The normal adult pancreas has a dual function and composition - the exocrine component that produces enzymes necessary for digestion of food and the endocrine component, necessary for insulin production and regulation of blood glucose levels. The exocrine component is composed of lobular units of acini, that discharge their secretions into progressively larger ducts that finally merge into the main pancreatic duct - the duct of Wirsung and the accessory pancreatic duct of Santorini. The duct of Wirsung ends at the major duodenal papilla (papilla Vateri) and the duct of Santorini ends at a minor duodenal papilla.
The pyramidal-shaped acinar cells are large with their apical areas filled by markedly eosinophilic zymogen granules and the basal cytoplasm is deeply basophilic. The acinar cells at the central portion of the acinus (centroacinar cells) fuse with the intercalated duct that fuses with the acinus. The intercalated ducts combine to form the intralobular ducts, which are lined by small cuboidal cells with pale cytoplasm. The intralobular ducts combine to form the interlobular ducts that are lined by mucin-secreting, tall columnar epithelium. The ducts of Wirsung and Santorini are lined by similar columnar epithelium with a greater proportion of goblet cells.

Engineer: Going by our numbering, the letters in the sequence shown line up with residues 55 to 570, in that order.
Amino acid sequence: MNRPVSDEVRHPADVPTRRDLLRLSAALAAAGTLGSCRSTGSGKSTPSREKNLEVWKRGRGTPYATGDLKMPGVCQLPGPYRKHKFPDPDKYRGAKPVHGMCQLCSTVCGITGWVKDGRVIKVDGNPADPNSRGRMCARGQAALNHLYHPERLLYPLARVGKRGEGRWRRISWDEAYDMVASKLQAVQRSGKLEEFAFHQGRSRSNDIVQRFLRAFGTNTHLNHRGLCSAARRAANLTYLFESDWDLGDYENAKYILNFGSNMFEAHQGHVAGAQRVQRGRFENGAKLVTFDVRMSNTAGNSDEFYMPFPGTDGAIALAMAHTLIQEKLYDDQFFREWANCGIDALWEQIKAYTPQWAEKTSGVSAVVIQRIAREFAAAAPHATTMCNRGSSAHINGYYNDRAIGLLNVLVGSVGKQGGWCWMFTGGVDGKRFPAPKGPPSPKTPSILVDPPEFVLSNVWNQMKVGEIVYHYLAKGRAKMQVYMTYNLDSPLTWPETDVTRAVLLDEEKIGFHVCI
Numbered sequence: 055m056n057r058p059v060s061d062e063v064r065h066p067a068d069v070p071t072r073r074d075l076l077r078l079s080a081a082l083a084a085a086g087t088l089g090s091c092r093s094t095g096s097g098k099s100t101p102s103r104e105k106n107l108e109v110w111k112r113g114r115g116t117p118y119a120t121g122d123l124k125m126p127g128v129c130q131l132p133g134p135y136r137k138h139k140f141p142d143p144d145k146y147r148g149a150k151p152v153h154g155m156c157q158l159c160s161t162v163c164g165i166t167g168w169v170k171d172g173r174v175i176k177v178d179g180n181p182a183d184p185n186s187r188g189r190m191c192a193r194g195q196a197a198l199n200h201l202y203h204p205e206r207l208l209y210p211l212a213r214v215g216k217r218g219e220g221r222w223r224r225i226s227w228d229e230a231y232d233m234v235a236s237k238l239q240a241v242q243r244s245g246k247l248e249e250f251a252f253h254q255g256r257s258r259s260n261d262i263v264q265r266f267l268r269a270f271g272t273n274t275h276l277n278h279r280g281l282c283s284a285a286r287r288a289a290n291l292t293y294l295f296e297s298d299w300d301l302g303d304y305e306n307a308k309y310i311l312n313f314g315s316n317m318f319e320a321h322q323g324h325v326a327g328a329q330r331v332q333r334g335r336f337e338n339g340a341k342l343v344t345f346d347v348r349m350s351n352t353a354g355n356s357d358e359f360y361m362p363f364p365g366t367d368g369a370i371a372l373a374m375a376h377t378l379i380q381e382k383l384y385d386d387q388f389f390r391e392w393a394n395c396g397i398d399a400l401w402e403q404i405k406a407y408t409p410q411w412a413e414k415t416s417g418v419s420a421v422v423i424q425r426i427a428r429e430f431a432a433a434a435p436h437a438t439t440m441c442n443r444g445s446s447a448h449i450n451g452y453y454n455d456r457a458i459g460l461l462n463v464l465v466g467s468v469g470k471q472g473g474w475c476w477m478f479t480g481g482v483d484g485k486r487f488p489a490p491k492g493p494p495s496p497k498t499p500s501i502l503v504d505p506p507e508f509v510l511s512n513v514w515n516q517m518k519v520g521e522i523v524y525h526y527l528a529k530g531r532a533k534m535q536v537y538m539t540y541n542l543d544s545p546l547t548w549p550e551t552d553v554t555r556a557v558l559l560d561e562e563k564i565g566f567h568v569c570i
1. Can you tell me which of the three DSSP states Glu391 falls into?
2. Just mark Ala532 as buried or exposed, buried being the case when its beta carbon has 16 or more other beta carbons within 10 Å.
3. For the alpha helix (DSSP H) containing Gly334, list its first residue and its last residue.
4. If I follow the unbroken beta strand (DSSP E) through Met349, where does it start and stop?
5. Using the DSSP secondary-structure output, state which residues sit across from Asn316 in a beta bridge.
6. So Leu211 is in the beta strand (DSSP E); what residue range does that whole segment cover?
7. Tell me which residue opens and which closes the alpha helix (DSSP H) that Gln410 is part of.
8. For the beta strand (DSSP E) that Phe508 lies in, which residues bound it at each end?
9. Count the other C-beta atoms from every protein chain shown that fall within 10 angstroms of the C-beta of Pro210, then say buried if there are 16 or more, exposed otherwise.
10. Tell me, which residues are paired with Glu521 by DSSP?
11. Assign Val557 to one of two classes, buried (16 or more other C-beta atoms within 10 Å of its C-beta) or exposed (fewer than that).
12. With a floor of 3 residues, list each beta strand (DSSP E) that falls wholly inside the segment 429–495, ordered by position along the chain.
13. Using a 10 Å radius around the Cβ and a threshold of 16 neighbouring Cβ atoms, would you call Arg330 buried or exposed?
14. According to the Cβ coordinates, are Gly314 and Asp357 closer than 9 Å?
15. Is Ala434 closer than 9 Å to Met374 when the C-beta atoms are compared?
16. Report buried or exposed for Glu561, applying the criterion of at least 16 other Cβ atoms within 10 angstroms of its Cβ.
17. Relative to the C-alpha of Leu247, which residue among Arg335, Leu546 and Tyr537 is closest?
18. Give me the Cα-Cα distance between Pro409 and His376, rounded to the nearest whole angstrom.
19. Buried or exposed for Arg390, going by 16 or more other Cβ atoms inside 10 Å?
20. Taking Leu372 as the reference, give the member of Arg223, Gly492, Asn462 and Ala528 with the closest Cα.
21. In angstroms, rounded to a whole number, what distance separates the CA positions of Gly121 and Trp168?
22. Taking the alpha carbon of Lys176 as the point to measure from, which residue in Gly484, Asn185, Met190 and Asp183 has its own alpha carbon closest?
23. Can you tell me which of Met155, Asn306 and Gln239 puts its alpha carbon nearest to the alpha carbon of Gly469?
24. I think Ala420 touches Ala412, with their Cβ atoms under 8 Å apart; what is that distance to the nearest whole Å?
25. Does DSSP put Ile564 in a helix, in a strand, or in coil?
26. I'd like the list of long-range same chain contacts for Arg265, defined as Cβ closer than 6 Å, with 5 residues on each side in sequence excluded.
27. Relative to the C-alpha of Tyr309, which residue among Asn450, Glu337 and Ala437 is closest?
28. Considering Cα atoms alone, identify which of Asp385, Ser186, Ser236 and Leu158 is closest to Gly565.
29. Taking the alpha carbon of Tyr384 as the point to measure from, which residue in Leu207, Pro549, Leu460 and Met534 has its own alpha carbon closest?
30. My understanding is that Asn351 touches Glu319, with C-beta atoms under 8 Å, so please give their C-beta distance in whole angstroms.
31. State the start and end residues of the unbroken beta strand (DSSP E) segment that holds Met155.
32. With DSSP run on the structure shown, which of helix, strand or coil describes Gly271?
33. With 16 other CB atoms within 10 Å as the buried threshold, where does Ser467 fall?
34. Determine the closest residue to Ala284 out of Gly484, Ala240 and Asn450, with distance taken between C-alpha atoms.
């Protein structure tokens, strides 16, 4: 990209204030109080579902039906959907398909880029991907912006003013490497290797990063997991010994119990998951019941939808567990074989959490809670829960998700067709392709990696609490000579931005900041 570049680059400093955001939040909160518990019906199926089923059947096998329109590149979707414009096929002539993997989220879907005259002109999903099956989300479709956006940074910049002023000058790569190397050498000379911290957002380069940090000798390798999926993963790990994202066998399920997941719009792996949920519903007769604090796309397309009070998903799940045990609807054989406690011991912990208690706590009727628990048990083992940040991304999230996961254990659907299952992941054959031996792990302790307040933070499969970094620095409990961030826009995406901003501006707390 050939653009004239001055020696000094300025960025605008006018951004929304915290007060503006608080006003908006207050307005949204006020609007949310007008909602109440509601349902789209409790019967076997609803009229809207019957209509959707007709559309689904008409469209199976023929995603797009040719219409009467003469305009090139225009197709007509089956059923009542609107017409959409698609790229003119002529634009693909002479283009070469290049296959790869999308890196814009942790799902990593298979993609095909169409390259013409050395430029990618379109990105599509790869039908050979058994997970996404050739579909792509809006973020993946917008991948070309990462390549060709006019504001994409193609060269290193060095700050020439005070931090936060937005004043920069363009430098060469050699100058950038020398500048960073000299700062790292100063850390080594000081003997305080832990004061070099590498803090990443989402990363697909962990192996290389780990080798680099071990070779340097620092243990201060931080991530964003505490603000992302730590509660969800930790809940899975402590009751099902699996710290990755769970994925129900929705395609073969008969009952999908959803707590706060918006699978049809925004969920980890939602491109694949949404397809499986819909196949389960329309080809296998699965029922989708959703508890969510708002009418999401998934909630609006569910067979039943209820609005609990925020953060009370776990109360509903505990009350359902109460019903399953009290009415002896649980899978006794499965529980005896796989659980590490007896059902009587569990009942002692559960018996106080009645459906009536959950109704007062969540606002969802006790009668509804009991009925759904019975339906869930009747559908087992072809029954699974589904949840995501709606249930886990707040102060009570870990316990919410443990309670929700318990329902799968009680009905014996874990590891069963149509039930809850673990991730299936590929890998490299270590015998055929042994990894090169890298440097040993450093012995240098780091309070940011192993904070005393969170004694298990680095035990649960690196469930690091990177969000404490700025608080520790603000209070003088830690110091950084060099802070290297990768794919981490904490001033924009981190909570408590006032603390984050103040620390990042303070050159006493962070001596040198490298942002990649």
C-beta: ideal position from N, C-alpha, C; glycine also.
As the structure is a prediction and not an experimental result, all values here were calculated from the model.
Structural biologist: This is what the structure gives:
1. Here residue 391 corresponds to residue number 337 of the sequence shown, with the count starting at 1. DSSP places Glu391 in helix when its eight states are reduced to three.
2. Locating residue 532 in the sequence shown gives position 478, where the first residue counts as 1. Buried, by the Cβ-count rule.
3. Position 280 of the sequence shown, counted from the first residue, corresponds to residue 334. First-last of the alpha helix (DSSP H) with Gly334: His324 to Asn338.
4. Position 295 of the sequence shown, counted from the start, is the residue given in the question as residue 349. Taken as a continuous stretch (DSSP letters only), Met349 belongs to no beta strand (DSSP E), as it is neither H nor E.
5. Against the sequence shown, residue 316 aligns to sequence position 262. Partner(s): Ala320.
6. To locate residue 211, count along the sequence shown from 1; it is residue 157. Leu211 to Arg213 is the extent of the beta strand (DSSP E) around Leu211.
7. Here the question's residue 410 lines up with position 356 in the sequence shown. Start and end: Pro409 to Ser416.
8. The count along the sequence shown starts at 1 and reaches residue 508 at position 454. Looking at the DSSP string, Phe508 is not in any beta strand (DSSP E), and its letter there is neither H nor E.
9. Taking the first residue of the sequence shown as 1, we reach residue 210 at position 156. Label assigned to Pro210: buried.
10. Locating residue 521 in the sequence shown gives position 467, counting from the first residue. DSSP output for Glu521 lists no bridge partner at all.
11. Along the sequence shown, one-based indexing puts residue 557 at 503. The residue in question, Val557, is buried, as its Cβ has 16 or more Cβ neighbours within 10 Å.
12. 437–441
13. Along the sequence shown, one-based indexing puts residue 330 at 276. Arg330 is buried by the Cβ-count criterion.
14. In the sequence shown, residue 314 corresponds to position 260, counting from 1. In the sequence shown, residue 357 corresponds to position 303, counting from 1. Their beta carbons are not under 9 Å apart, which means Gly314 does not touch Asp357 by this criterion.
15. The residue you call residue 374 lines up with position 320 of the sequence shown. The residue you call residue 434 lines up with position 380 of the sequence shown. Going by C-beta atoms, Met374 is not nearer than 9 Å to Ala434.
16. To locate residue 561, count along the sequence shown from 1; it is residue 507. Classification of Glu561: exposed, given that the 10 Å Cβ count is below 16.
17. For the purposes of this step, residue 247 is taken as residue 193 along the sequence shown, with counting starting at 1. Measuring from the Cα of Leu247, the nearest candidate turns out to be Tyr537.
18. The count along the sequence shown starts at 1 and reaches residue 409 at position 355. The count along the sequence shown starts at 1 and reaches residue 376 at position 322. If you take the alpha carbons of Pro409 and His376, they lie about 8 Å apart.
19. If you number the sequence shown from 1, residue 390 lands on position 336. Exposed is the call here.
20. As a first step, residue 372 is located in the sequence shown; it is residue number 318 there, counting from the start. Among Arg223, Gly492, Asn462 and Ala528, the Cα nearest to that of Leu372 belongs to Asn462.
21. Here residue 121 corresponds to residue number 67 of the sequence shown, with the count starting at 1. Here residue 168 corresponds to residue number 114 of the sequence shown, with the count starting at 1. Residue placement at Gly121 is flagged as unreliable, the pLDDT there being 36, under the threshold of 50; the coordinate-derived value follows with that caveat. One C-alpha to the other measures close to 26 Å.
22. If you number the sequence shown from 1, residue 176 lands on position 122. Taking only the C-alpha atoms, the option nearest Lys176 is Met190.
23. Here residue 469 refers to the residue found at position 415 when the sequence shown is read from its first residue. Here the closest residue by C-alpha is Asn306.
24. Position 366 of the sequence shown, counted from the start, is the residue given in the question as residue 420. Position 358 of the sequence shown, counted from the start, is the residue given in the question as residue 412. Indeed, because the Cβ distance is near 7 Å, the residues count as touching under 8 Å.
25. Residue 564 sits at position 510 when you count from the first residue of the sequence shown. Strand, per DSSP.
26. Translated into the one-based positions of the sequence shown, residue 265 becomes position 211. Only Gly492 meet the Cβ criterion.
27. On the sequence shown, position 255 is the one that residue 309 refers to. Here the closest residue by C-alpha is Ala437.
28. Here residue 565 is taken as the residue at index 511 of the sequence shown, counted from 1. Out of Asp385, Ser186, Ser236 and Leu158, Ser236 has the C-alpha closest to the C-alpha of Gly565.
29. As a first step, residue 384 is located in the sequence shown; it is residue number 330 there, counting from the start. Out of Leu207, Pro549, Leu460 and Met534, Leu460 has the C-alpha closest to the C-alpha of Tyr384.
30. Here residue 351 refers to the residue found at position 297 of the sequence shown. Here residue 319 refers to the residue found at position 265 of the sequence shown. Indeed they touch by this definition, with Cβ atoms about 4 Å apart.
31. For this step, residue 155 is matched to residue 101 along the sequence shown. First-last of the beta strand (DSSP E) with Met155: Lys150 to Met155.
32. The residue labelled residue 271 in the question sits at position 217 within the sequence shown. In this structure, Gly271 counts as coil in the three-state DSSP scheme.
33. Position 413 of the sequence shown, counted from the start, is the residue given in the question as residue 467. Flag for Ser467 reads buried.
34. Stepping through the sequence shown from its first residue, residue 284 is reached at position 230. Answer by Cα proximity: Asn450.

The pancreatic endocrine cells, also known as islets of Langerhans, which constitute 1-2% of the cell mass in the adult pancreas, represent the endocrine component of the pancreas. These islets comprise a greater proportion of the pancreas at the time of birth. The islets are round, compact structures that are highly vascularised with sparse connective tissue. The diameter of islets is highly variable with an average of approximately 225µm. The main cell types in the islets are beta cells - responsible for insulin production, alpha cells - responsible for glucagon secretion, delta cells - responsible for somatostatin secretion and PP cells - the pancreatic polypeptide secreting cells.